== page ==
Iran Feature: Supreme Leader — “US is a Horrible, Racist Country”

Taking a break from the resumption of nuclear talks, the Supreme Leader has told his followers that the US is a horrible, racist country.

Addressing Iranian police commanders and officials on Sunday, Ayatollah Khamenei said, “In the US, whose President is now a black person, the black people are oppressed, disrespected and humiliated and such behavior has provided the ground for unrest too.”

Describing the behavior of US police towards African Americans as “cruel might”, he offered the enlightened alternative of the Islamic Republic:

Iran does not at all intend to boost its police forces’ power and might like what is seen in Hollywood movies and the US and other western communities.

The Law Enforcement Police is a symbol of the Islamic Republic’s sovereignty and security and therefore, it should be mighty but this mightiness doesn’t mean oppression and uncontrolled action.

The Supreme Leader has often used race relations to denounce the US as an oppressive country, while proclaiming Iran’s respect for and defense of minorities. His office has used incidents such as the shooting of an unarmed teenager, Michael Brown, in Ferguson, Missouri last summer to announce US racism and discrimination, similar to that of the “Zionist regime” of Israel in Palestine. The campaign has used prominent hashtags such as #Ferguson and #BlackLiveMatters.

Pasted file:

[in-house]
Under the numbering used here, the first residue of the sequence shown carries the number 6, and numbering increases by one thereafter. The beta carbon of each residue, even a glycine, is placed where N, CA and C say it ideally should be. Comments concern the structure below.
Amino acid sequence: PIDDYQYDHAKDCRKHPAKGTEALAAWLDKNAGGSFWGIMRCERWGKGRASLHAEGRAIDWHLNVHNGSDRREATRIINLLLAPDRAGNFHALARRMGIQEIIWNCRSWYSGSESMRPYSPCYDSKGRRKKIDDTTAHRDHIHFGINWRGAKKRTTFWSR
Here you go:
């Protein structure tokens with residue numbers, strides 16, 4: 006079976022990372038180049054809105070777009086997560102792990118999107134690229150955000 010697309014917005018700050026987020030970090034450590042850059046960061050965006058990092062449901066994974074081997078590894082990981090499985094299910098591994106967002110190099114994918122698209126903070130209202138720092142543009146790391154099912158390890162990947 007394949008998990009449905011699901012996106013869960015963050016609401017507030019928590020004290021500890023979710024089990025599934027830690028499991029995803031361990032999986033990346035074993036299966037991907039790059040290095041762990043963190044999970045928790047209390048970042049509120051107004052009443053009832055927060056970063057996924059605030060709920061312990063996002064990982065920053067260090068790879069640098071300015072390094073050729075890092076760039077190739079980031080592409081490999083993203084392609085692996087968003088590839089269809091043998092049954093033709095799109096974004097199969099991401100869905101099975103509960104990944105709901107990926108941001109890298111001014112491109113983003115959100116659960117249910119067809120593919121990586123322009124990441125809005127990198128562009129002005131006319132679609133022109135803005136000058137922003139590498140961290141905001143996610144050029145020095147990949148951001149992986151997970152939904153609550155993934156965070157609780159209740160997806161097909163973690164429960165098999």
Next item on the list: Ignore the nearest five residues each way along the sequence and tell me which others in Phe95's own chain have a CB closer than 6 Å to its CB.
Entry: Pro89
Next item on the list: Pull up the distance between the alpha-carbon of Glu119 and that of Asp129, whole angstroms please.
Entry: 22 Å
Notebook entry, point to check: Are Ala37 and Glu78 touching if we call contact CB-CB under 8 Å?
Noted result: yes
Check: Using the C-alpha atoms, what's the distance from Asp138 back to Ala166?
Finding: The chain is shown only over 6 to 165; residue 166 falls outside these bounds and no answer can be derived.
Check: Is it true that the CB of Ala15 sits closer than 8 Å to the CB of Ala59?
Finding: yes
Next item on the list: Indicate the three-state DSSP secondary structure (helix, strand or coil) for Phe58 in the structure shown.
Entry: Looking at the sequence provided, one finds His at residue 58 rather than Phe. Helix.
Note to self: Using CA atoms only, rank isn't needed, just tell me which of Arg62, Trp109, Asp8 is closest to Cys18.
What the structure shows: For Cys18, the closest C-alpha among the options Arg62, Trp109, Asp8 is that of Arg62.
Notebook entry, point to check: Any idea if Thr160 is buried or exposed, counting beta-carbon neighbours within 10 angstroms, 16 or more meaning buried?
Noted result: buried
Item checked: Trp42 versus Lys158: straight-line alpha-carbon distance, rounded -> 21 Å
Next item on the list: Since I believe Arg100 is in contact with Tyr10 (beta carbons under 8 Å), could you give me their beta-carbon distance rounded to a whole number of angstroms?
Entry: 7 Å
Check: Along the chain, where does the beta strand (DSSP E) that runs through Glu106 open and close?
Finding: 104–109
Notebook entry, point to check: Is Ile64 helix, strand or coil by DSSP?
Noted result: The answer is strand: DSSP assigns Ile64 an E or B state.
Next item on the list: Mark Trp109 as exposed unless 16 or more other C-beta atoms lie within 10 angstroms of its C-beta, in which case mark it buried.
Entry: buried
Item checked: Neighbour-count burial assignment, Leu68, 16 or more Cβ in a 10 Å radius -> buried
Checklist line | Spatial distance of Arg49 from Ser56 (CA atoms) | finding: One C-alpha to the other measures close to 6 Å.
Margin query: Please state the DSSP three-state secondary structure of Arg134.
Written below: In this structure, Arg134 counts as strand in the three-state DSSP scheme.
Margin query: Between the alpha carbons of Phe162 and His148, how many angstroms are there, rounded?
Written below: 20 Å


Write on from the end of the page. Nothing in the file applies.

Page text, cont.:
Iranian media’s latest case is the police killing of an African American teenager, Justus Howell, outside Chicago earlier this month.

In its Twitter burst on Sunday, Khamenei’s office also used other cases of African Americans shot by police or white civilians, such as #EricGarner, #TrayvonMartin, and #WalterScott.

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Scott Lucas is Professor of International Politics at the University of Birmingham and editor-in-chief of EA WorldView. He is a specialist in US and British foreign policy and international relations, especially the Middle East and Iran. Formerly he worked as a journalist in the US, writing for newspapers including the Guardian and The Independent and was an essayist for The New Statesman before he founded EA WorldView in November 2008.

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